UPDATED: Jewish Family Flees Their Home After Christmas Play Cancellation Brings Threats
December 22, 2016

Todd Starnes strikes again! According to Philly.com, a Jewish family had to leave their home out of fear for their safety after he wrote an op-ed blaming them for the cancellation of a fifth-grade production of A Christmas Carol.

The school said the production was cancelled because of the time they had to put into getting it produced, but also because there was some concern over Tiny Tim's "God bless us, every one" line. It has apparently been a tradition at the school for many years, but this year a Jewish family in the area asked for their children to be excused, which they were.

That prompted harassment of those children at school in November, according to Lancaster Online. (Registration required to read the article)

After the decision to cancel the play, the school administrator sent a letter to parents which said, in part, “Our decision is rooted in the desire to be respectful of the many cultural and religious backgrounds represented by the students attending Centerville Elementary.” The administration also expressed concern about the time out of school instruction time to put on the play, suggesting that an after-school production be considered instead.

Starnes put his own spin on that, writing, "That’s a mighty big clue, folks. In order to be tolerant and diverse, public schools have to eradicate any mention of God. "

Starnes then turned to a right-wing legal center funded for the sole purpose of shoveling Christianity down Americans' throats for comment. Their chief counsel obliged, saying, "It seems like people are trying to take aware our traditions left and right. We need to do something to push back.”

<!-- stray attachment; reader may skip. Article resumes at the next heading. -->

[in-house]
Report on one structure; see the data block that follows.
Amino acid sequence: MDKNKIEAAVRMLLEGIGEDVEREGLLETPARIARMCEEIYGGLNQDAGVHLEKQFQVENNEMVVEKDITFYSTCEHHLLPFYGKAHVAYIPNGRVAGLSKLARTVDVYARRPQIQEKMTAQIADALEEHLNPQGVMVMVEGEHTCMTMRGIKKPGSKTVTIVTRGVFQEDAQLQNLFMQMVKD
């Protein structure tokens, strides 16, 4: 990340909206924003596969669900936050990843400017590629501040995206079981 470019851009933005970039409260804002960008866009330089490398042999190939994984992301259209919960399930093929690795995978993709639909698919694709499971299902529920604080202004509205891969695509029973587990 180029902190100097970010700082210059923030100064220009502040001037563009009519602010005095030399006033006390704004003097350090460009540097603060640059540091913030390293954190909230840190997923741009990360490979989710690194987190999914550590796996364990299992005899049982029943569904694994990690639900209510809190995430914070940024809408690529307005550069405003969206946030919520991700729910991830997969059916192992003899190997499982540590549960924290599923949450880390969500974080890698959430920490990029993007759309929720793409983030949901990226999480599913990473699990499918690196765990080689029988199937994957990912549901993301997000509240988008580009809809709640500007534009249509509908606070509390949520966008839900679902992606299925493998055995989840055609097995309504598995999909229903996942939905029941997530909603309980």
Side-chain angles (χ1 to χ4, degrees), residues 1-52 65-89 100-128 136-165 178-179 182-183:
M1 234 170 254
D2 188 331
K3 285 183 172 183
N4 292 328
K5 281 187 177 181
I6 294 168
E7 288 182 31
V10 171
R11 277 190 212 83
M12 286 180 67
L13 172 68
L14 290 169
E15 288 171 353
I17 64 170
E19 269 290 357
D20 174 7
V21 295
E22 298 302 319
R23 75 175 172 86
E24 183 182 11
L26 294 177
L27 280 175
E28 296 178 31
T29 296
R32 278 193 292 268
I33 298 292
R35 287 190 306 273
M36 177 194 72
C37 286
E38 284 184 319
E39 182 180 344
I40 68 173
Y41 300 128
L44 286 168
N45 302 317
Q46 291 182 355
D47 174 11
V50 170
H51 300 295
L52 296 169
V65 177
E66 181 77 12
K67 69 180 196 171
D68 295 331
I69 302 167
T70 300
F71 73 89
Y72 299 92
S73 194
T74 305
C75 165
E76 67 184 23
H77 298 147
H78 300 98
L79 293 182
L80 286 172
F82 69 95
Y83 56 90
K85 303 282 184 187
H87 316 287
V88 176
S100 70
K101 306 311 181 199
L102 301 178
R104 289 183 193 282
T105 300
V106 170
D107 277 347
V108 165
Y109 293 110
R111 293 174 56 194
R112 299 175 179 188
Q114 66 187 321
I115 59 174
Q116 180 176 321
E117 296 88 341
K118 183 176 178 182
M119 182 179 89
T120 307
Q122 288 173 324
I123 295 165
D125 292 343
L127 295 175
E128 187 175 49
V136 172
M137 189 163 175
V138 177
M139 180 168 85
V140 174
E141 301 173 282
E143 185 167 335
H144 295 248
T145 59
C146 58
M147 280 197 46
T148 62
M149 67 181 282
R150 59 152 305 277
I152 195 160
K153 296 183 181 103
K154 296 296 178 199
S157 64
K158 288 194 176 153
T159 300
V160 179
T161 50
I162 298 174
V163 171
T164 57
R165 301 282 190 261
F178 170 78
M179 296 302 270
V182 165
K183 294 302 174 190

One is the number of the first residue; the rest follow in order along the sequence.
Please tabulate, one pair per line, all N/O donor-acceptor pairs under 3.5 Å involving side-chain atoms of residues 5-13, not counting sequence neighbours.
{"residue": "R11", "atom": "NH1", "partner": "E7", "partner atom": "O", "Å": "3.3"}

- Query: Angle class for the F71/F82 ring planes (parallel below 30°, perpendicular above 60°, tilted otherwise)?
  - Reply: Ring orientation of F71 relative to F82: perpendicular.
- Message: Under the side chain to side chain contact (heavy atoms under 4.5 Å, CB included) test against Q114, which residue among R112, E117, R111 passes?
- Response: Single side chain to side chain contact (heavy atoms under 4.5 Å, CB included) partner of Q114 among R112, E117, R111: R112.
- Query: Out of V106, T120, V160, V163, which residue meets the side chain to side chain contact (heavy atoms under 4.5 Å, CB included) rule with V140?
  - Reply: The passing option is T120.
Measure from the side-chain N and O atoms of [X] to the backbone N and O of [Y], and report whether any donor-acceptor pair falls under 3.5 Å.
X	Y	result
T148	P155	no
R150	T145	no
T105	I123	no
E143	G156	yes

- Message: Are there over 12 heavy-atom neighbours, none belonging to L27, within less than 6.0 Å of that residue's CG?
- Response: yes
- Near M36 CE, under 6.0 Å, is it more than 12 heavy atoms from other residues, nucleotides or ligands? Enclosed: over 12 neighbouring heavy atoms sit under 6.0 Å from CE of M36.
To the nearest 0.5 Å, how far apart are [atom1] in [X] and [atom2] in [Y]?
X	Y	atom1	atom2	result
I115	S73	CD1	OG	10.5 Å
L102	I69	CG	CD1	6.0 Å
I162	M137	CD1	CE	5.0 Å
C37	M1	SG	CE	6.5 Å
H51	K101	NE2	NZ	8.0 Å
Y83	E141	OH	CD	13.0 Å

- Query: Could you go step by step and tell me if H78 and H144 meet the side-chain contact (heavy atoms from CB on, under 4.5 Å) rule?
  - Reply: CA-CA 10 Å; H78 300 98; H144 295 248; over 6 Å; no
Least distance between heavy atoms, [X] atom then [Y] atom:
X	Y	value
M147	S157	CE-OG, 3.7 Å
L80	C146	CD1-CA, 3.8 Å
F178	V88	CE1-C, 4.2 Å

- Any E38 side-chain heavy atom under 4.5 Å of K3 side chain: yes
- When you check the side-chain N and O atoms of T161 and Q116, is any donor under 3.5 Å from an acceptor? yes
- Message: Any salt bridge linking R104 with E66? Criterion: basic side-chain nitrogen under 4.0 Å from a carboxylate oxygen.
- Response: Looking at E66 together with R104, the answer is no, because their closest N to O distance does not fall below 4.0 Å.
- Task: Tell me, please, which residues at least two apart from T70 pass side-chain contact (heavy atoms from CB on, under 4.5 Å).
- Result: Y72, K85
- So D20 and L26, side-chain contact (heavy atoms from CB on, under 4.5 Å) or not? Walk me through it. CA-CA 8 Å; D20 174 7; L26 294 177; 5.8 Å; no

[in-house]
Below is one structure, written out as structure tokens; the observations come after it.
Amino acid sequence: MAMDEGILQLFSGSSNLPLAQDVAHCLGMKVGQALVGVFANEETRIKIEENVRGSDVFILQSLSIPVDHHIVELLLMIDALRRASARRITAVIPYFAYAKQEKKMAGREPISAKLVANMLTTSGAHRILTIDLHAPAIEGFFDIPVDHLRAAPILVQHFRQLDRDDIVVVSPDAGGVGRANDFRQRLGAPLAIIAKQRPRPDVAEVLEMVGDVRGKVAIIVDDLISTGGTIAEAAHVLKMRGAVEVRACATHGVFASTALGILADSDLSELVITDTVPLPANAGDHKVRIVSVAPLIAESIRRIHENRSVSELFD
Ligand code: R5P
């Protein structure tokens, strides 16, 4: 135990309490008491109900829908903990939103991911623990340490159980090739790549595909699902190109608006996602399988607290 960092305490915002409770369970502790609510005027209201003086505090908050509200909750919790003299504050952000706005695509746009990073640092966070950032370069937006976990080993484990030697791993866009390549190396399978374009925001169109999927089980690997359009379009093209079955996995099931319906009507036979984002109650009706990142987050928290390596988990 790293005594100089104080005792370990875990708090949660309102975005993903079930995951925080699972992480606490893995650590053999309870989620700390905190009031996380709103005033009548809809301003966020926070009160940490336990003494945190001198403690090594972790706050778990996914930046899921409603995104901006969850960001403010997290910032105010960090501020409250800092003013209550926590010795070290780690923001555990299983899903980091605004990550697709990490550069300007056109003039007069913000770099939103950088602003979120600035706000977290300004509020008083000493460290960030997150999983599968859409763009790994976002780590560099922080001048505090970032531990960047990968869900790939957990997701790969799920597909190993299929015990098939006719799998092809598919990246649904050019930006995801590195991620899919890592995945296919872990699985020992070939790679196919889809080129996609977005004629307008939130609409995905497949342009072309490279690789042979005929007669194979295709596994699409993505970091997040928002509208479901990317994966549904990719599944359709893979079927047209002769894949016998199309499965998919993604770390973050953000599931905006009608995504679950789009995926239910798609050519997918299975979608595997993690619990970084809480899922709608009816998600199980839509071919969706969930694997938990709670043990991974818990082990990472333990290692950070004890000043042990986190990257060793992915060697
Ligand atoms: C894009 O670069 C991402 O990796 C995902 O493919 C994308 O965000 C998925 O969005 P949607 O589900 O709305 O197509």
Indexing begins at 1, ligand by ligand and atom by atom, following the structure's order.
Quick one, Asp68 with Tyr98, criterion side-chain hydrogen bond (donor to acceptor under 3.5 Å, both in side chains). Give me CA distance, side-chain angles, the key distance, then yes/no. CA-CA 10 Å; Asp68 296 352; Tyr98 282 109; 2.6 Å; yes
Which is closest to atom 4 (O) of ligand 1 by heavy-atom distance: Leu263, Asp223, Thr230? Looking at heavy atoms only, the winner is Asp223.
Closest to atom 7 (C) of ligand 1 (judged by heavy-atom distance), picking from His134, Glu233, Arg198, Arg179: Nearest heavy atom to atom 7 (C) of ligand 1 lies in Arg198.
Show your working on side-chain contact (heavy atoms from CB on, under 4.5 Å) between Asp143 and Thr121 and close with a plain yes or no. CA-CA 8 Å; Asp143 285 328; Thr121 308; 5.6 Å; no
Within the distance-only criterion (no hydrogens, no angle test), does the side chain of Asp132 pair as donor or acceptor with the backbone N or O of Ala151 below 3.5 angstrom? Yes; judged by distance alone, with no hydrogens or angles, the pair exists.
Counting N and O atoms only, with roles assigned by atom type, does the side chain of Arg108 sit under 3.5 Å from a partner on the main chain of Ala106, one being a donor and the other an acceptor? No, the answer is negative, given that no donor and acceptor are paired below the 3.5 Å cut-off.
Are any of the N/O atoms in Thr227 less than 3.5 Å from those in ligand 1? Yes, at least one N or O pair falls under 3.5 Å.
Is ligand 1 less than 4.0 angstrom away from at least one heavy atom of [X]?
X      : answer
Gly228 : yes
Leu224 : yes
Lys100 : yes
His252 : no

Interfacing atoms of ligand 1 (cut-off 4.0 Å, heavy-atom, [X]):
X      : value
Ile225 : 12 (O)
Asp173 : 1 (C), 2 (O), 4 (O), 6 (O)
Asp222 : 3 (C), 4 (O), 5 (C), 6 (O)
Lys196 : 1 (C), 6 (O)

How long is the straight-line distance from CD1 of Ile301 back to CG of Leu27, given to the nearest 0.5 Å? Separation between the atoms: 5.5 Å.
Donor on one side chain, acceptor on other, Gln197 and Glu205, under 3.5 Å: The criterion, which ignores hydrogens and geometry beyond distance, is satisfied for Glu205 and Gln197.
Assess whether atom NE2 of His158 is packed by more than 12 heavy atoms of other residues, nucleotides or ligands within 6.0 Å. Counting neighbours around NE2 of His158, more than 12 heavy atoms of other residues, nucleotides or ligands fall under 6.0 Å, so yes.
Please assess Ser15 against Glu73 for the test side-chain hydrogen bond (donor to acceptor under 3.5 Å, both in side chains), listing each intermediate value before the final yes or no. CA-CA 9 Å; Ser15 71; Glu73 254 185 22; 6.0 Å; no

That elicited the desired response, with over 200 complaints made to the school, according to Philly.com.

After a Jewish family in the area saw comments on Starnes' article suggesting their home address and other identifying information should be published online so they could be harassed, they fled the area temporarily, fearful that another incident like the Pizzagate shooting might occur.

Not an unreasonable concern on their part.

The real problem here isn't the "God bless us, everyone" line at all. The real problem here is that schools are so strapped to get their required curriculum in front of students that they're forced to take a bite out of arts training and the like.

"A Christmas Carol" is a Victorian morality play about a person who represents today's conservative movement almost perfectly. There's nothing particularly "Christian" about it. If that Jewish family objected to their children participating, that was their right, for whatever their reasons were for doing it. Whether it was that line or just the investment of time and effort in doing the thing, it's none of Starnes' business.

It's irresponsible to target people this way. Starnes in particular wrote his op-ed in such a way as to invite people to target this family instead of simply passing it by. It's not his concern what school districts decide to do during the holidays, nor should it be. Nothing he wrote was "news" that needed to single out one family for mob treatment.

Shame on him. All of them. Shame for their hateful, mean, selfish ways.


The ADL says the family did not flee, but went on a previously scheduled vacation.

The full press release reads in part:

The Anti-Defamation League (ADL), like many, read many numerous local and national news stories reporting that a Jewish family allegedly “fled” Lancaster County, Pennsylvania. The reports claimed that the family feared retribution after being wrongfully blamed for the cancellation of the school production of A Christmas Carol. ADL investigated, and found that in actuality, the family left on vacation for winter break.

“News reports alleging that a Jewish family has ‘fled’ Lancaster County are untrue and damaging,” said Nancy Baron-Baer, ADL Regional Director. “We spoke with the family, who explained that they went on a previously-planned vacation for the holidays. Stories like this can sow fear in the Jewish community and beyond, and it is important to stop the spread of misinformation.

This is good. I'm glad they were on vacation and weren't responding to threats. However, that doesn't change the fact that Todd Starnes twisted the original story about the play into something it was not, in order to fit his personal narrative about a "War on Christmas."

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